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Atmospheric Measurement Techniques An interactive open-access journal of the European Geosciences Union
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Volume 5, issue 10
Atmos. Meas. Tech., 5, 2555–2567, 2012
https://doi.org/10.5194/amt-5-2555-2012
© Author(s) 2012. This work is distributed under
the Creative Commons Attribution 3.0 License.

Special issue: Carbon dioxide, other greenhouse gases, and related measurement...

Atmos. Meas. Tech., 5, 2555–2567, 2012
https://doi.org/10.5194/amt-5-2555-2012
© Author(s) 2012. This work is distributed under
the Creative Commons Attribution 3.0 License.

Research article 30 Oct 2012

Research article | 30 Oct 2012

Evaluation of new laser spectrometer techniques for in-situ carbon monoxide measurements

C. Zellweger, M. Steinbacher, and B. Buchmann C. Zellweger et al.
  • Empa, Swiss Federal Laboratories for Materials Testing and Research, Laboratory for Air Pollution/Environmental Technology, 8600 Dübendorf, Switzerland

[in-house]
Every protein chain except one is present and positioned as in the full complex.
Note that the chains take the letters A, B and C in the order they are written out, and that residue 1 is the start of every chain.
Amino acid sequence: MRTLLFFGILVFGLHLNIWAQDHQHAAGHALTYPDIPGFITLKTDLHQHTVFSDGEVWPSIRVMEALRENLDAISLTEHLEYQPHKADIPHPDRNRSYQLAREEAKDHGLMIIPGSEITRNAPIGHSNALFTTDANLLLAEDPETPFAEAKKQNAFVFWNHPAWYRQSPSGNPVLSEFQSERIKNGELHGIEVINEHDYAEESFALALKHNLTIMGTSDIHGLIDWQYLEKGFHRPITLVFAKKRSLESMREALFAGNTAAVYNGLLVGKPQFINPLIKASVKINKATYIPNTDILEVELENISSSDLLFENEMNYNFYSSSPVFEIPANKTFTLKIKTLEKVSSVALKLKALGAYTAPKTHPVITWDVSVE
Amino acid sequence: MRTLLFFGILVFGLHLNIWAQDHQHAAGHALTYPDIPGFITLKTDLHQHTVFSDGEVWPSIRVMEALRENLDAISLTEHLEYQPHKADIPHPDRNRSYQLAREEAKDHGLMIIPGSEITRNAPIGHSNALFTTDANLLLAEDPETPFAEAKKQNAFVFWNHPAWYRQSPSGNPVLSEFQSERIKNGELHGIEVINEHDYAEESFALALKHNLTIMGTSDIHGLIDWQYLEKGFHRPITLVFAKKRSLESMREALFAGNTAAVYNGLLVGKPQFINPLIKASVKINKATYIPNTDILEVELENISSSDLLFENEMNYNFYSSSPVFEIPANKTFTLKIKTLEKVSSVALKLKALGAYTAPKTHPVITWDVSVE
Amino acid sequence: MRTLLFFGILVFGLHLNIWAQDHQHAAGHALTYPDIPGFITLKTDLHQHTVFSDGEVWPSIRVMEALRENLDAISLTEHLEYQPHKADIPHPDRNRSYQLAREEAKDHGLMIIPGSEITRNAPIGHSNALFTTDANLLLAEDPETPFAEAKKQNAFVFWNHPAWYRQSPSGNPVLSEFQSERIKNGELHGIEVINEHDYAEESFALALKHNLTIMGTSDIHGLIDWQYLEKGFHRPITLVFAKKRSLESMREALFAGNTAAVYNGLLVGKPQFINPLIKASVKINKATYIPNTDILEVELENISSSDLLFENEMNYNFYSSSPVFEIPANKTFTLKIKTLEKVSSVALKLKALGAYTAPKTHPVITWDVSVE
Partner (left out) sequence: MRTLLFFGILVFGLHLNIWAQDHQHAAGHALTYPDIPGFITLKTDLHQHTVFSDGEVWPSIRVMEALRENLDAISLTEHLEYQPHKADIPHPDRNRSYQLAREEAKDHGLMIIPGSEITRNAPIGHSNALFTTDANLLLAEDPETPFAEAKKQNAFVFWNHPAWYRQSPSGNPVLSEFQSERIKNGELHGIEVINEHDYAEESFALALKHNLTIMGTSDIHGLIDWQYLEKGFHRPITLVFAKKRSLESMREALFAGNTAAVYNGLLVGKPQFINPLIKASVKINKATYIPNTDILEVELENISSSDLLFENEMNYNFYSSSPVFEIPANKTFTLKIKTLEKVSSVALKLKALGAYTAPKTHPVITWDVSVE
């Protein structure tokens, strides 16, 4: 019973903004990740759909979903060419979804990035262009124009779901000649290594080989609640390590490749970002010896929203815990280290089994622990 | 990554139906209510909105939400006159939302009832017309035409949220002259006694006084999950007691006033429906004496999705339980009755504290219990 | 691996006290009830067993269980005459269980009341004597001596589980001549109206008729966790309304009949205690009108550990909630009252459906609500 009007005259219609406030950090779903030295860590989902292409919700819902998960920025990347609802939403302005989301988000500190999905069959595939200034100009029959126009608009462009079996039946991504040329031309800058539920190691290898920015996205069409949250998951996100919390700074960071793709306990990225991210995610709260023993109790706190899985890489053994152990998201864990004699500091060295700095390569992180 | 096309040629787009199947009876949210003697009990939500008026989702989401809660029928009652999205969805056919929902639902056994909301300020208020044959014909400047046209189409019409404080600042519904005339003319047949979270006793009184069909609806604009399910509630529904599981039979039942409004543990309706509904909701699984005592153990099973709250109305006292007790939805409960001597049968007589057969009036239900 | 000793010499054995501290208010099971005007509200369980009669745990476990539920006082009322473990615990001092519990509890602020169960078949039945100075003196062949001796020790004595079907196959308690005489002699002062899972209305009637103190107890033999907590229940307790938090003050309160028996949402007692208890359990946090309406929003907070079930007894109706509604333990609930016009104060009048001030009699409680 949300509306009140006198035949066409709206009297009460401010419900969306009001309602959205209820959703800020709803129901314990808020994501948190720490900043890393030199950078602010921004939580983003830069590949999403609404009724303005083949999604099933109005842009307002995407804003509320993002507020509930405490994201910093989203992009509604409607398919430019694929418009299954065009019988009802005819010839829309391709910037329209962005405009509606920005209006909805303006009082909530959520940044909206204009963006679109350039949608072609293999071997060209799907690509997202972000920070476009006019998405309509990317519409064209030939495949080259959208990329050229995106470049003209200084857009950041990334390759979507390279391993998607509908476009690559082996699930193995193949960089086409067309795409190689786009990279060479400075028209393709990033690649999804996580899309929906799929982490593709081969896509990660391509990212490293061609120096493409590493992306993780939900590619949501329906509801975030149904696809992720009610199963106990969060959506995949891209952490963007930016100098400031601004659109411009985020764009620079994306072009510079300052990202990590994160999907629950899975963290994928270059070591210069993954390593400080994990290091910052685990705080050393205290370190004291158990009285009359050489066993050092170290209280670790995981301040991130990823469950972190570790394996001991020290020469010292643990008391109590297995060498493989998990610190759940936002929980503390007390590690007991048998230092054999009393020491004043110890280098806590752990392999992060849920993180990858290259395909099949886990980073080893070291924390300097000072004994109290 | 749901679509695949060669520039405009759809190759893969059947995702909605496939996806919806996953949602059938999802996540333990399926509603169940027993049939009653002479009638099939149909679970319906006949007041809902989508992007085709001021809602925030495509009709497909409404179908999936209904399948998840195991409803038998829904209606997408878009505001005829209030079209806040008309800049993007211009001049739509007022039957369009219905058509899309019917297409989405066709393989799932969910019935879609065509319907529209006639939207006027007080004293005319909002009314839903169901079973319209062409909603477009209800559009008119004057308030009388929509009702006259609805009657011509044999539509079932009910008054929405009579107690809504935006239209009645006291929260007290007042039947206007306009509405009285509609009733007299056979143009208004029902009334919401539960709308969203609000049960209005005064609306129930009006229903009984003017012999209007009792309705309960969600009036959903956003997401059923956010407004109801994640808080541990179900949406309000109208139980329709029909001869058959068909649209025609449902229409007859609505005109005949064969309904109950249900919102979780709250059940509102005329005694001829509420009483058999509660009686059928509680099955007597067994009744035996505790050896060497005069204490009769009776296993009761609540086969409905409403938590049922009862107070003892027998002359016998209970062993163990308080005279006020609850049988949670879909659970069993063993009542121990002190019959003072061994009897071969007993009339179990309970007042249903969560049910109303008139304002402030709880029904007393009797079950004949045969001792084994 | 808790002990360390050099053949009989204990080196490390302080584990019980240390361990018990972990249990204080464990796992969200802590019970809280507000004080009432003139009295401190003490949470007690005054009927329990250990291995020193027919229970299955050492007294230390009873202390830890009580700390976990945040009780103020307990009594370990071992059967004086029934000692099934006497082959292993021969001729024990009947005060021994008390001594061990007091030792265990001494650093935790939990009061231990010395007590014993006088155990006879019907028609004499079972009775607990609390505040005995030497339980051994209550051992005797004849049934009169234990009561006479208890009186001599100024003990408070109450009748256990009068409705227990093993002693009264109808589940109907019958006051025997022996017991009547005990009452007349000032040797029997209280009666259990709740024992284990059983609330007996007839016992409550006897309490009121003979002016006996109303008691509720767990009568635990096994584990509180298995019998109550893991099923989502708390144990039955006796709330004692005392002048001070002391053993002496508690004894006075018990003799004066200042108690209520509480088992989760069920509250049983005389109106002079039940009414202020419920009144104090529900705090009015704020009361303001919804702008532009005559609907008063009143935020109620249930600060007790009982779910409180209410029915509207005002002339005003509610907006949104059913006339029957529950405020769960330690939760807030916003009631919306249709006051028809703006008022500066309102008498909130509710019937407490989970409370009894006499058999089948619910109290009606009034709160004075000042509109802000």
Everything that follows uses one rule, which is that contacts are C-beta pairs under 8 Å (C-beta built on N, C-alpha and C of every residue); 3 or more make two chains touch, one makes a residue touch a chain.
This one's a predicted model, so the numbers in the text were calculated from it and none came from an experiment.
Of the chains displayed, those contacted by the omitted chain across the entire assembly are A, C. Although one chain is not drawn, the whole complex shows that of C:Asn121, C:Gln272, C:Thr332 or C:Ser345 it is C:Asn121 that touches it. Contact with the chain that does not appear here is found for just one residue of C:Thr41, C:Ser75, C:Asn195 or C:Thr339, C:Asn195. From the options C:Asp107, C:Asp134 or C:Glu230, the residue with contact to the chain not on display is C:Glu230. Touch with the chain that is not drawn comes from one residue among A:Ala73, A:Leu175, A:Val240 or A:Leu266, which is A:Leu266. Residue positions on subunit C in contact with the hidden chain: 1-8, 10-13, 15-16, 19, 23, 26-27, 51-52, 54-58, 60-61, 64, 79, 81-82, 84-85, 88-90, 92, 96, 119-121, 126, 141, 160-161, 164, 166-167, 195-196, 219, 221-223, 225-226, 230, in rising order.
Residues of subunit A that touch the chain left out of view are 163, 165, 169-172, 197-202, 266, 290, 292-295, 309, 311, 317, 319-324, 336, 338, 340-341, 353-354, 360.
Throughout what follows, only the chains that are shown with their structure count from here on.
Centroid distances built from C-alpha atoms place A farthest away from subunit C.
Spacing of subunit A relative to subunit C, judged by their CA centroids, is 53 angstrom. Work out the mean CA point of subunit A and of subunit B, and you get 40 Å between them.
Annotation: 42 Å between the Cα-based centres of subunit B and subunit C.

Abstract. Long-term time series of the atmospheric composition are essential for environmental research and thus require compatible, multi-decadal monitoring activities. The current data quality objectives of the World Meteorological Organization (WMO) for carbon monoxide (CO) in the atmosphere are very challenging to meet with the measurement techniques that have been used until recently. During the past few years, new spectroscopic techniques came to market with promising properties for trace gas analytics. The current study compares three instruments that have recently become commercially available (since 2011) with the best currently available technique (Vacuum UV Fluorescence) and provides a link to previous comparison studies. The instruments were investigated for their performance regarding repeatability, reproducibility, drift, temperature dependence, water vapour interference and linearity. Finally, all instruments were examined during a short measurement campaign to assess their applicability for long-term field measurements. It could be shown that the new techniques perform considerably better compared to previous techniques, although some issues, such as temperature influence and cross sensitivities, need further attention.

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